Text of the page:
Andy's Law

Andrew was killed on November 20, 2021. He was 20 years old. He loved riding his motorcycle, building computers, traveling, and eating at Sweet Hut. Andy was a smart kid who was meant to change the world. Andy was driving 43 MPH when a person driving an SUV made a left hand turn in front of him. He tried to stop, there simply wasn't enough time. He died instantly.

Motorcyclist fatalities have steadily increased in recent years. In 2017 there were 139 fatalities, 154 in 2018, 170 in 2019, and 179 in 2020. From 2017 to 2019, motorcyclist fatalities increased by 22%.

Georgia Department of Driver Services

Our family is asking Georgia Governor Brian Kemp to use his influence to ask the legislature to pass a new law, Andy's Law, enforcing stiffer penalties for vehicular homicide cases when cyclists are involved. Riding his motorcycle should not have been punishable by death. The person who struck and killed Andy will serve little, if any, time behind bars and will pay a fine less than $1000. Allowing this person to move on with their life, with only a slap on the wrist, should be offensive to anyone with loved ones on the road. The negative impact for violating minor traffic laws, failure to yield in Andy's case, are greatly increased when a cyclist is involved, the penalty should be greater to encourage drivers to respect them and look twice, yield, slow down, and think twice before recklessly killing those simply trying to enjoy their life on a bicycle or motorcycle.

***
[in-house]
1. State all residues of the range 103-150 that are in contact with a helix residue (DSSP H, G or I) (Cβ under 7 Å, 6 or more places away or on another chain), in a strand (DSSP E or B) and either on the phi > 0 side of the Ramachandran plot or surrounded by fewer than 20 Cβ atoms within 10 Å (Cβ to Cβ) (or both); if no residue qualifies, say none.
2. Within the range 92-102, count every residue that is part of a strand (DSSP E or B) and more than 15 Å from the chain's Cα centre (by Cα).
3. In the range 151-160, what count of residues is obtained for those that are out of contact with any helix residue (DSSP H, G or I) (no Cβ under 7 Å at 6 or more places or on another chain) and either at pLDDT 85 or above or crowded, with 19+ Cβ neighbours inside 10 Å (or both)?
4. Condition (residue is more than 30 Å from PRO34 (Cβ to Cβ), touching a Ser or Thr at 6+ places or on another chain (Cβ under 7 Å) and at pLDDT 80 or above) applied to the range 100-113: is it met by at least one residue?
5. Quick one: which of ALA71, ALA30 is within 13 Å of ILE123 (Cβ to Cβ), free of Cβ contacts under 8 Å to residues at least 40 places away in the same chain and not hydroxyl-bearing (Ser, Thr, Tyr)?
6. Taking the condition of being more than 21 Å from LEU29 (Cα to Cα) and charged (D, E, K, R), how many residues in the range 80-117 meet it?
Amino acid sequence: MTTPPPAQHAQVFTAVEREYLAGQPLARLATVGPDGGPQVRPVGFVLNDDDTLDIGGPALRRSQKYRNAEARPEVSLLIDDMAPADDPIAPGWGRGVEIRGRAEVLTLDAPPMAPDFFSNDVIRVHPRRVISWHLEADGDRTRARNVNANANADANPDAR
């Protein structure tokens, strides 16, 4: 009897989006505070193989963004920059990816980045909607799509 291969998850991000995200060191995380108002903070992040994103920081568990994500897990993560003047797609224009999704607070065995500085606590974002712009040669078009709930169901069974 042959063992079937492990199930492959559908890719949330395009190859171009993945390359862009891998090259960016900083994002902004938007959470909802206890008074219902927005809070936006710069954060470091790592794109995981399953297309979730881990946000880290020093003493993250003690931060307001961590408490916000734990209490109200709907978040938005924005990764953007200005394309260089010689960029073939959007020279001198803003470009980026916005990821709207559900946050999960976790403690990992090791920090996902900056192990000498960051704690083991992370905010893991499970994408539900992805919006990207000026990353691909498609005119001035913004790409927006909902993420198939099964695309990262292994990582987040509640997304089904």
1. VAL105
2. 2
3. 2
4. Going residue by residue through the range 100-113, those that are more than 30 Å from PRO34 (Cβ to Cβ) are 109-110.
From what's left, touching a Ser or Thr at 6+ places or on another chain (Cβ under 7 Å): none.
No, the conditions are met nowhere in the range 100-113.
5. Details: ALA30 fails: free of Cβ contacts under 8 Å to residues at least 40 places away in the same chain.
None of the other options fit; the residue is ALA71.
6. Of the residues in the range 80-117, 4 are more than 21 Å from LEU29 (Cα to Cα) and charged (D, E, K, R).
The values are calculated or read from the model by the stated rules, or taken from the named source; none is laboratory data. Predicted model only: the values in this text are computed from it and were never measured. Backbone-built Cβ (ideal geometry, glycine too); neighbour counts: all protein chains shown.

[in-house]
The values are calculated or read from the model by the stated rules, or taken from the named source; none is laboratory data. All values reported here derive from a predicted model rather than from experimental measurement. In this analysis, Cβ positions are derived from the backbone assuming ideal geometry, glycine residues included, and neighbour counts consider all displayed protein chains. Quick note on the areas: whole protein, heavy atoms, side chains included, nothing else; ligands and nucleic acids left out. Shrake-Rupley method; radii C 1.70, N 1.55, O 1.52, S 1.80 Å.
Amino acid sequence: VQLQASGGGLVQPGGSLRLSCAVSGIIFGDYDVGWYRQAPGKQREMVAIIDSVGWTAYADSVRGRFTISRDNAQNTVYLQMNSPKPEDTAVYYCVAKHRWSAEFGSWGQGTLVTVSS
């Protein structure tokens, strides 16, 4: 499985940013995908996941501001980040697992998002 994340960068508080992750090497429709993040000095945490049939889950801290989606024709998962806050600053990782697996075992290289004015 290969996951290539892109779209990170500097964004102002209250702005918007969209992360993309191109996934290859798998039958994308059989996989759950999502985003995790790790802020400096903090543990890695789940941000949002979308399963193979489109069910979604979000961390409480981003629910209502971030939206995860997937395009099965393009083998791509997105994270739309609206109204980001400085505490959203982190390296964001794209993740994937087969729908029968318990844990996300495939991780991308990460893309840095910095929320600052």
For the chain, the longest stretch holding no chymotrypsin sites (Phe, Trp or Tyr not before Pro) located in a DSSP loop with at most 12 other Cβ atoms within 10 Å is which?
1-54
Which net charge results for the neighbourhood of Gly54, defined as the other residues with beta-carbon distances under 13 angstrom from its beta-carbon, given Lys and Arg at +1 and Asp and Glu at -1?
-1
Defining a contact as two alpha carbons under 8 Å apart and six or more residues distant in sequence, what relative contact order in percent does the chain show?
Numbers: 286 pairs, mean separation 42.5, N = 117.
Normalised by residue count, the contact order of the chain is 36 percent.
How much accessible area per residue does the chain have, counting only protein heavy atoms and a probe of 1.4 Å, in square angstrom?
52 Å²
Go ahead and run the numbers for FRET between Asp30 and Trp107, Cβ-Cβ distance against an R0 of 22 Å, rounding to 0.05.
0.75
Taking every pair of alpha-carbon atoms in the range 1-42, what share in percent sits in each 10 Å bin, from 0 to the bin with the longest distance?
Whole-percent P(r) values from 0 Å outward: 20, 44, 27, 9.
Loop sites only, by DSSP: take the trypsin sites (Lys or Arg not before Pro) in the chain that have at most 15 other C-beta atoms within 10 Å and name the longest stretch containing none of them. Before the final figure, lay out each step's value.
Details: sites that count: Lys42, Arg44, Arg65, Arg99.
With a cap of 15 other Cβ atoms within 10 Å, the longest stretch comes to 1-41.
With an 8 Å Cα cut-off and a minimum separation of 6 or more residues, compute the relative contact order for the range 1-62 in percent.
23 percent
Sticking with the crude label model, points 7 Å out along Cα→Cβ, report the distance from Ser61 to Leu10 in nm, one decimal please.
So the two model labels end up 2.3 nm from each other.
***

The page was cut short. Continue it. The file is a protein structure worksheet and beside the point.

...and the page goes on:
The data provided by Georgia's Department of Drivers Services, although 3 years out of date, clearly states "motorcyclists are consistently overrepresented in traffic fatalities" and yet Georgia only penalizes those who take a person's life in the most extreme of cases i.e., DUI or evading law enforcement. There is an underlying tone of blaming the motorcyclist instead of addressing at fault drivers on the road.

  • Georgia has optional Rider's Education course to obtain a motorcycle license
  • 83% of motorcyclists involved in crashes were helmeted
  • and only 18% of motorcycle operators involved in fatal crashes were speeding

States like Colorado and Texas have stiffer penalties for vehicular homicide crimes with 2-6-year minimum sentences. The message Georgia is sending, run over a cyclist….you can get away with it for less than the cost of a new iPhone.

We've created a petition asking Georgia Governor Brian Kemp
to take action to protect all human life on the road,
not just those driving a car, truck, or SUV.

Sign Our Change.Org Petition